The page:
After indulging in a day of turkey and football, many families will be looking for ways to get off the couch and into the outdoors this Thanksgiving weekend. Unfortunately, many families still lack access to safe and healthy outdoor activities.
That’s why Representative Ron Kind (WI) and Senator Mark Udall (CO) recently introduced the Healthy Kids Outdoors Act (HKOA). The objective of HKOA is to get more children connected to the outdoors and help them develop a healthy lifestyle at an early age. The bill would not only address childhood obesity by giving more kids access to outdoors activities, but this legislation would also allow children to grow a stronger connection with nature.
According to the Center for Disease Control and Prevention, childhood obesity has more than tripled in the last thirty years, and more than a third of all children are considered overweight or obese. HKOA would provide state-level incentives to develop 5-year strategies to reconnect children and families with nature. This legislation will help get Americans active outdoors through natural play and outdoor recreation such as camping, hiking, hunting and fishing. The bill would also support public health initiatives, outdoor learning environments, service learning and other initiatives. The Departments of Public Health, Parks and Recreation, and Transportation, would be encouraged to play a role in developing the state initiatives.
“For many years, I have been concerned with the increase in sedentary and nature deficient lifestyles among Americans, especially among our youth,” Rep. Ron Kind wrote in a recent blog post. “Kids today spend less time outdoors than any other generation in history. As a result, more kids are overweight and obese and suffer from stress, anxiety, and depression than ever before.”
“Today, in the wake of the Information Technology Age, we are suffering from associated unhealthy lifestyle behaviors including physical inactivity and poor diet,” states the National Park Service’s Healthy Parks Healthy People Strategic Action Plan, “There is an increasing disconnect between communities and natural environments that is contributing to health problems and chronic disease. Studies are increasingly suggesting unique benefits to getting outside and being active.” The National Park Service has traditionally addressed environmental and conservation issues and have recently started to encourage people to get outdoors to improve their health.
In September, through the Sierra Club’s Great Outdoors America Week, Gwen Miller came to Washington D.C. for the first time to advocate for the Healthy Kids Outdoors Act. Gwen lives in Lombard, Illinois, and is a volunteer with the Club’s Inner City Outings program which allows kids who live in the city of Chicago the opportunity to experience the outdoors. “We would kill two birds with one stone by finding ways to get kids outside more often,” said Gwen in a letter to the editor published in the Daily Herald, “Children would be more active and develop healthier habits, while creating a lifelong bond to the outdoors.” That’s a big reason why Gwen says she’s “thrilled” that Rep. Kind and Sen. Udall introduced the Healthy Kids Outdoors Act and spent her time in DC urging more members of Congress to show that they care about improving kids’ mental and physical health and preserving our green spaces.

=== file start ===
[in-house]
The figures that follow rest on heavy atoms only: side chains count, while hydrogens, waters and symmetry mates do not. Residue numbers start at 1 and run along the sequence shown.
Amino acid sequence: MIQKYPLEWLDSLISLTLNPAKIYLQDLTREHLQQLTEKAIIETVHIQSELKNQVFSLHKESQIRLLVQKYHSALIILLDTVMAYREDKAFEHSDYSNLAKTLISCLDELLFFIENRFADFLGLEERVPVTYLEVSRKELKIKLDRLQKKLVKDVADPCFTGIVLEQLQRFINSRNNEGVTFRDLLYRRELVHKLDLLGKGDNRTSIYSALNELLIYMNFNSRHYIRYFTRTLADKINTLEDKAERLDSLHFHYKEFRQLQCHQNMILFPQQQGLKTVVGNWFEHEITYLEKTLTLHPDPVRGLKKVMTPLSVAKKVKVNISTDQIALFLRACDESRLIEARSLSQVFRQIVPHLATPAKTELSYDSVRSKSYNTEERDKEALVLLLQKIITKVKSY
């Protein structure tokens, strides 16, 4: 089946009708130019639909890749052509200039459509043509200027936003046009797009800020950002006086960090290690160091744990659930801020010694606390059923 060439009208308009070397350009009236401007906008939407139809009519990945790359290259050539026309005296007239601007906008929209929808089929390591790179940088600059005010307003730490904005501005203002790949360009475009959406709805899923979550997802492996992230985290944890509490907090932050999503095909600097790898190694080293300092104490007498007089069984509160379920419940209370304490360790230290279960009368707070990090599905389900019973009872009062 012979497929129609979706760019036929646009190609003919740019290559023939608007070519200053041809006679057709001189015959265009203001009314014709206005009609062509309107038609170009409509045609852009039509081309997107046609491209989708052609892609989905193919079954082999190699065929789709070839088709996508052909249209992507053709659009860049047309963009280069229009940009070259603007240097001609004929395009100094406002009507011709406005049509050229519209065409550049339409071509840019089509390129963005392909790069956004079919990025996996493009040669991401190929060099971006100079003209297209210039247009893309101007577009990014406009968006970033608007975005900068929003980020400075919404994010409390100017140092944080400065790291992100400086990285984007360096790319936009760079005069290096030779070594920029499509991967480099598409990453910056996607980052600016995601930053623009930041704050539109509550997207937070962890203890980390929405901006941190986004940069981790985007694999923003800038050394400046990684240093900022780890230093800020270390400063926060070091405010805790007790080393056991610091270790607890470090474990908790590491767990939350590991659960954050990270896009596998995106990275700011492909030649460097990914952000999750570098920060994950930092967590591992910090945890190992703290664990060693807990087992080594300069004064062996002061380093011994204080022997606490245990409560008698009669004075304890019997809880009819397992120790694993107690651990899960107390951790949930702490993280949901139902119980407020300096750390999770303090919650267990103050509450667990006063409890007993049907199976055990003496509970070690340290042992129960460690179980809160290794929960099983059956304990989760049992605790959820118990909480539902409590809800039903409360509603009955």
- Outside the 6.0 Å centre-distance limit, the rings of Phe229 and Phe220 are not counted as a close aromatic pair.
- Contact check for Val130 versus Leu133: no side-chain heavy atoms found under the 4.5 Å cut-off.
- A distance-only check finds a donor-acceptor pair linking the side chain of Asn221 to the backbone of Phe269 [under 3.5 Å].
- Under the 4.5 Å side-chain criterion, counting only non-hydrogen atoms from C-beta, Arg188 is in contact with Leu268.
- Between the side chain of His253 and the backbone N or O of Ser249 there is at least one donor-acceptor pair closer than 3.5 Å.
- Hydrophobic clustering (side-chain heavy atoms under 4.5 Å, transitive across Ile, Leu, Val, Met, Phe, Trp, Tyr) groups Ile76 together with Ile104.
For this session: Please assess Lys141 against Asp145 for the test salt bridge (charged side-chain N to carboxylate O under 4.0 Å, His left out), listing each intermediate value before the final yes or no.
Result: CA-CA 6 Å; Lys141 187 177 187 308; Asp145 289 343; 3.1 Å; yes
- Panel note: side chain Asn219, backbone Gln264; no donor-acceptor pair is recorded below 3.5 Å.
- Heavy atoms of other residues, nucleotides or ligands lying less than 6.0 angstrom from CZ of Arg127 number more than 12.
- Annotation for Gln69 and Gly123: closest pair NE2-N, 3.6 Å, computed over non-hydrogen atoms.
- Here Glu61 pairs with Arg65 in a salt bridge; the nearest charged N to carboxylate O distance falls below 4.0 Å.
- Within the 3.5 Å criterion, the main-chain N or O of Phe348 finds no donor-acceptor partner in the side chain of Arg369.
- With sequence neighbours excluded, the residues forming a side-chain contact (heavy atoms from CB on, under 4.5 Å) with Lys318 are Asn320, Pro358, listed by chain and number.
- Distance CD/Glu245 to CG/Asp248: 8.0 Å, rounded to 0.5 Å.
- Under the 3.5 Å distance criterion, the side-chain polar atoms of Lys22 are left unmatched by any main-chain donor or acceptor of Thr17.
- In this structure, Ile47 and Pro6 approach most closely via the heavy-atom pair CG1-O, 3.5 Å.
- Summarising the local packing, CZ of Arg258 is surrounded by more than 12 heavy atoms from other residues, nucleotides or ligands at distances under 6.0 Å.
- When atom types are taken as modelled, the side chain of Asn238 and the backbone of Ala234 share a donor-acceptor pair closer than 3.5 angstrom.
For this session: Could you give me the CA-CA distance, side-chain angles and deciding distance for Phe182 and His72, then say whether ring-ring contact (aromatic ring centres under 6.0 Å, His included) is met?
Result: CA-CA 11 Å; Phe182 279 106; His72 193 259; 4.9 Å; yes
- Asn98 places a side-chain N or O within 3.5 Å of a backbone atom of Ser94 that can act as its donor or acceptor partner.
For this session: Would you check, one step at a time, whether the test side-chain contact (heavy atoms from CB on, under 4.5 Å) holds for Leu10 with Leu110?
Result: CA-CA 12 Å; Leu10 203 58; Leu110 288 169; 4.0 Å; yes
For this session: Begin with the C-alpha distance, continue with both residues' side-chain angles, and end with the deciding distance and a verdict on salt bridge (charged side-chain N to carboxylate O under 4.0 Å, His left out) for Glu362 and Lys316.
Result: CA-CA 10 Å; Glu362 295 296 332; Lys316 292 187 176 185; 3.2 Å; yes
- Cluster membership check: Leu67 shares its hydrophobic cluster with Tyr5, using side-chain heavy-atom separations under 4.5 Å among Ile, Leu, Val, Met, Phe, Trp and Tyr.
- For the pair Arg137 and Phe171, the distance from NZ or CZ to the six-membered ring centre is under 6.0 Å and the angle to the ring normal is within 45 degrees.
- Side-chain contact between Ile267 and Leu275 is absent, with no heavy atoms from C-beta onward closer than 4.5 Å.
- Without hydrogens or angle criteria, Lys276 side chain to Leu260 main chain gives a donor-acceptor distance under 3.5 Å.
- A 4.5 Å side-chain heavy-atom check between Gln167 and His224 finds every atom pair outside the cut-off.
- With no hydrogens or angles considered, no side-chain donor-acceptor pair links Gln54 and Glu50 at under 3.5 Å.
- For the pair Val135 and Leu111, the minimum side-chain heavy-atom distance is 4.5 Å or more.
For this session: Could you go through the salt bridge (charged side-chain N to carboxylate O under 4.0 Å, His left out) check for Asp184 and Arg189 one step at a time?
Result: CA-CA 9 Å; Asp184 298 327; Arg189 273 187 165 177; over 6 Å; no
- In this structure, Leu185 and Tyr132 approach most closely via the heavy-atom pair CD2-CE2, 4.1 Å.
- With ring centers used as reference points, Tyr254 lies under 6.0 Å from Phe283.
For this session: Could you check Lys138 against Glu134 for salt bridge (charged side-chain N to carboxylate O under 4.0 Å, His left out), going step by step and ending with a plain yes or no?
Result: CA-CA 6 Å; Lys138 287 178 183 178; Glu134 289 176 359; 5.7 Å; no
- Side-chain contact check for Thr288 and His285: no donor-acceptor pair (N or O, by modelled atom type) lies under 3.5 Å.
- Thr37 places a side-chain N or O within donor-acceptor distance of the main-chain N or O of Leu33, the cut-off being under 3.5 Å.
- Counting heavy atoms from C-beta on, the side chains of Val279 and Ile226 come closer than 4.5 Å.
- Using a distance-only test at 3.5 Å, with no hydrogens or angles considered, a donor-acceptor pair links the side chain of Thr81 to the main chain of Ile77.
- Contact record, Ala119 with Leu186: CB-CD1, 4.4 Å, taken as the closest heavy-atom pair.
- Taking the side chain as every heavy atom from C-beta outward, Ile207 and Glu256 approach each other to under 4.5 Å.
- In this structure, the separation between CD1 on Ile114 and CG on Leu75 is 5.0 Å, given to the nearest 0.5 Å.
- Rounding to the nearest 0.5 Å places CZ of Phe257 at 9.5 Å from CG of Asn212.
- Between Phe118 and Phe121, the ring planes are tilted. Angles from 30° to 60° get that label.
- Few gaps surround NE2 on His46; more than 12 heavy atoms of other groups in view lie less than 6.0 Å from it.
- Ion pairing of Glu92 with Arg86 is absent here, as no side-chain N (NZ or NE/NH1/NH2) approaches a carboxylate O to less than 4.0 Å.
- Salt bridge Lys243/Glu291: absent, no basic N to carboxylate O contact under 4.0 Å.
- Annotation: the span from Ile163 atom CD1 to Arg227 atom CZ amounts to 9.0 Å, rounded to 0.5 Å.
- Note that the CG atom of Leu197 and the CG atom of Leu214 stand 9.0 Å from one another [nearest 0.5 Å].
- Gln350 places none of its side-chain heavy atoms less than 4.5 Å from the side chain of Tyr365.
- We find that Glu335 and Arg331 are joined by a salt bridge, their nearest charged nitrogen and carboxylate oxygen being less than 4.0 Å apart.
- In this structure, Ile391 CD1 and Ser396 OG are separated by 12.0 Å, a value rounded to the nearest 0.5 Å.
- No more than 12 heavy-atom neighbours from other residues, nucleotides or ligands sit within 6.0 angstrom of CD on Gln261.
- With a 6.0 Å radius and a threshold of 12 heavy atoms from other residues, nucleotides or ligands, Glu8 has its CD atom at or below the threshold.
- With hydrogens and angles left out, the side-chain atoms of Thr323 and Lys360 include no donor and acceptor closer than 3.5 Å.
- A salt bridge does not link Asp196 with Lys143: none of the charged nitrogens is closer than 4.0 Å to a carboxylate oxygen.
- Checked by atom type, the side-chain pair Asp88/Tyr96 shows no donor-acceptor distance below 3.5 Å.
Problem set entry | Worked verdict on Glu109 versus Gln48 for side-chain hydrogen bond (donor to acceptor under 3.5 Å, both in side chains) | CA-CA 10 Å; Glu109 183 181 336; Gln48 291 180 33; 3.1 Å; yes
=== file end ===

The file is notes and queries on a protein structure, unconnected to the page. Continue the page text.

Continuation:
“Through our Mission Outdoors programs, we have witnessed shy children grow into leaders from the confidence they gain after hiking up a mountain,” said Michael Brune, Executive Director of the Sierra Club, “We have seen military kids get a much needed break from the daily stress they face when one of their parents deploys by spending a week outdoors at summer camp. But fewer kids are spending time outdoors and many don't have the opportunity to get outdoors. Rep. Kind and Sen. Udall's bill could help reverse this trend, improve our kids' health and open up a new world for them."
Reconnecting children and families with the natural world will benefit our children, our economy and our environment. Kids who spend time outdoors are more likely to be physically fit then their sedentary peers. Healthy kids lead to healthy adults, and a healthier society will reduce healthcare costs in the long run. Children who get outdoors will be able to develop a greater connection to nature, which means they’ll be more inclined to protect the environment when they grow up.
The Healthy Kids Outdoors Act not only promotes a healthy lifestyle, but it will help boost our economy and protect our environment. The Healthy Kids Outdoors Act is supported by OAK (Outdoors Alliance for Kids), a national alliance co-founded by Sierra Club to promote the value of outdoor experiences for children, youth and families.
-- Paige Esterkin, Media Intern